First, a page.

Digital Image Literacy

Questions and Answers about Digital Imaging
Last updated May, 2008

Tom O'Haver
The University of Maryland at College Park

What's the best way to capture images: a flat bed scanner, a digital camera, or a video camera?

Why is it that sometimes I can't open my images files - I just get a "The application couldn't be found" error message when I double-click on my file.

Why are image files so darned big compared to text files?

How can the quality of digital images be maximized while minimizing the file size and storage requirements?
  1. Make the picture smaller by cropping or shrinking. Reducing a image by half reduces the memory requirement by a factor of four. For example, a 240 X 320 image in "millions" of colors (24 bit) takes only 240 X 320 X 3 = 230400 bytes (230 K). Even a modest 30% reduction in image size reduces the memory requirements by half.

  2. Save in a compressed file format, such as JPEG format for photographic images or GIF format for line drawings, graphs, and cartoons. For example, a 480 X 640 color photographic image might take up nearly one megabyte if saved without compression, but if saved in JPEG format might take only 40 or 50 Kbytes of disk space (depending on the complexity of the image). A 475 X 323 pixel KidPix drawing would take 151 Kbytes if saved without compression but only 6.5 Kbyes as a GIF file. Those are big savings!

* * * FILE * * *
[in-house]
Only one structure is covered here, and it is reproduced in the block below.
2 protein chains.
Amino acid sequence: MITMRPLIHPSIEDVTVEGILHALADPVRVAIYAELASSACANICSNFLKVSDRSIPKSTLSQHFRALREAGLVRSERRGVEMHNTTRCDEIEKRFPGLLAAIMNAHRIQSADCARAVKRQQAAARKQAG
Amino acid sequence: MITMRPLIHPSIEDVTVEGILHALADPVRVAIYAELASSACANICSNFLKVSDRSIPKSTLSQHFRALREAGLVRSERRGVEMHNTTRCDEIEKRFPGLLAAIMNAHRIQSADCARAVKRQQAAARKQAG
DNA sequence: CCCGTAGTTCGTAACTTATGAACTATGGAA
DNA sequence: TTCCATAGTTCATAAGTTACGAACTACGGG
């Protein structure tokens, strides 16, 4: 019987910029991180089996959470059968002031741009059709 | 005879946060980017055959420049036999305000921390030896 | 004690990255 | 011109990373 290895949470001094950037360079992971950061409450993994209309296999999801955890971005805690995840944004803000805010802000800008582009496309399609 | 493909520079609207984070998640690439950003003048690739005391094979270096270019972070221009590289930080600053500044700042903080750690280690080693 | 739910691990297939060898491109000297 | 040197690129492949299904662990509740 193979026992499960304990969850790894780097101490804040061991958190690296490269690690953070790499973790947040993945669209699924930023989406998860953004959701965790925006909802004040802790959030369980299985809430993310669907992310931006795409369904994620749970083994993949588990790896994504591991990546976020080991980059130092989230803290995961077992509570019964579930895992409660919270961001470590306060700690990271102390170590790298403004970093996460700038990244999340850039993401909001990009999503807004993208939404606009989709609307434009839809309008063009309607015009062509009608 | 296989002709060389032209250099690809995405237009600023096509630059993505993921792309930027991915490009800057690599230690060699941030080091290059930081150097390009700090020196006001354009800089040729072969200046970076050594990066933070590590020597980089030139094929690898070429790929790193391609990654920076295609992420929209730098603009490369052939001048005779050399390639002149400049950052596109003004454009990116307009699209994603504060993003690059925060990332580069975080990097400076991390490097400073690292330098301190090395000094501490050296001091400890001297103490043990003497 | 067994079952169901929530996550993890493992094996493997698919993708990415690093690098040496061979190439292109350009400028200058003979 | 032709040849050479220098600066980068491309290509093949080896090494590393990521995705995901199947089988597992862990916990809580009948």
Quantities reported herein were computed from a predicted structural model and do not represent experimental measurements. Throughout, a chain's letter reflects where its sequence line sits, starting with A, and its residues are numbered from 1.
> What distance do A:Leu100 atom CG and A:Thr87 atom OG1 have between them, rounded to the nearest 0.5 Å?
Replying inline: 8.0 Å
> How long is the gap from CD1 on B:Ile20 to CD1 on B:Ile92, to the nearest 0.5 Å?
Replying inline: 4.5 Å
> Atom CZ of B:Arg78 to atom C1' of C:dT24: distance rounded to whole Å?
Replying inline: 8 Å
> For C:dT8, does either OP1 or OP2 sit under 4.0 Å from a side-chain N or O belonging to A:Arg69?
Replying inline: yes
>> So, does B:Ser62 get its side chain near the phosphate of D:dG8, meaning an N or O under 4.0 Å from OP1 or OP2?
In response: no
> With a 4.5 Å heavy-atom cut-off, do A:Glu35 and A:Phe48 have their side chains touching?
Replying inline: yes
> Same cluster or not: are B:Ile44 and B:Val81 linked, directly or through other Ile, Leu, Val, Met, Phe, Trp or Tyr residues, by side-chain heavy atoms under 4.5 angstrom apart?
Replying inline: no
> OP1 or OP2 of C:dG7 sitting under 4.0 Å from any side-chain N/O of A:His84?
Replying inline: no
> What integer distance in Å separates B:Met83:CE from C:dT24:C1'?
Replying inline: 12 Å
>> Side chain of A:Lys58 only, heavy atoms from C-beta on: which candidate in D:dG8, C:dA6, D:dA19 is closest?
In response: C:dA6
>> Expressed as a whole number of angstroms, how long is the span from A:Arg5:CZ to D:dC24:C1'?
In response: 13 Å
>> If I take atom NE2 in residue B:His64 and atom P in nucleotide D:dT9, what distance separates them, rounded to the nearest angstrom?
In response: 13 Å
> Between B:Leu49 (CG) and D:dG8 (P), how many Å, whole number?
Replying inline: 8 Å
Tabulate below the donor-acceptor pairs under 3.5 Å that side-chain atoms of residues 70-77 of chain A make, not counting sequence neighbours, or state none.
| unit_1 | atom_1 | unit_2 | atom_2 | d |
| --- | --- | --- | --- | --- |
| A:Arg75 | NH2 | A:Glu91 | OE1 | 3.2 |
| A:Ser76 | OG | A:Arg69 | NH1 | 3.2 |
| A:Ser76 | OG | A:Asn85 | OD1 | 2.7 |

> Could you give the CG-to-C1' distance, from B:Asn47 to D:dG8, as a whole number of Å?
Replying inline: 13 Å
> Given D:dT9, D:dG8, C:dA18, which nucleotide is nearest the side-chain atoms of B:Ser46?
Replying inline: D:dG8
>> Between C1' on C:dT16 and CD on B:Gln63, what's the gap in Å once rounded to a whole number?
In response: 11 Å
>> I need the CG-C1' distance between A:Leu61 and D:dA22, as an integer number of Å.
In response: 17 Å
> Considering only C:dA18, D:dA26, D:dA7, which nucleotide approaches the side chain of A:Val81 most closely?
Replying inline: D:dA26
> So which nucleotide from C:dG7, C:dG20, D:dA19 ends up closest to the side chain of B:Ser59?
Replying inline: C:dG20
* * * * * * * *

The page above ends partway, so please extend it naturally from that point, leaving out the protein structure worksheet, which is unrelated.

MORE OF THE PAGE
3. Adjust the compression settings of JPEG photographic images. When you save a JPG image, you will usually have some way of adjusting the amount of image compression. For example, in Paint Shop Pro, click on the Options button in the Save dialog box and use the slider to select a compression number between 1 (highest quality image and largest file size) and 99 (lowest quality image and smallest file size). Try different settings yourself and choose the highest compression number that gives an acceptable image quality.

  4. Reduce the number of colors: Thousands of colors (16 bits) is enough for most photographic images. 256 colors (8 bits) is enough for KidPix drawings. 16 colors may be enough for computer-generated charts and graphs. Fewer colors often reduces the image file size and memory requirements. All image processing programs have a way to reduce the number of colors in an image.

I'm confused by "resolution". I scanned a photograph in my flat-bed scanner at a resolution of 300 dpi (dots per inch) but when I view it in another program the picture is HUGE! What happened?

I took a photo with my new digital camera and emailed it to a friend, but my friend said the picture was way too big.

I scanned a photo, but when I zoom in on small details it looks all "blocky".

Why all those different file formats? Which is the "best" format? Why are the graphics on some Web pages so slow and how can I make mine faster? How can I capture pictures on the Web? How can I save graphics from programs that don't have a Save command? My image was too small so I enlarged it using the "resize" function of my graphics program. Now it looks all blocky Why do some of my images look too blurry/dark/light/ washed-out/grainly/blotchy/blocky and how can I fix them? Do I need Adobe Photoshop to edit digital images? How can I move an image between programs? How can I get better color print-outs?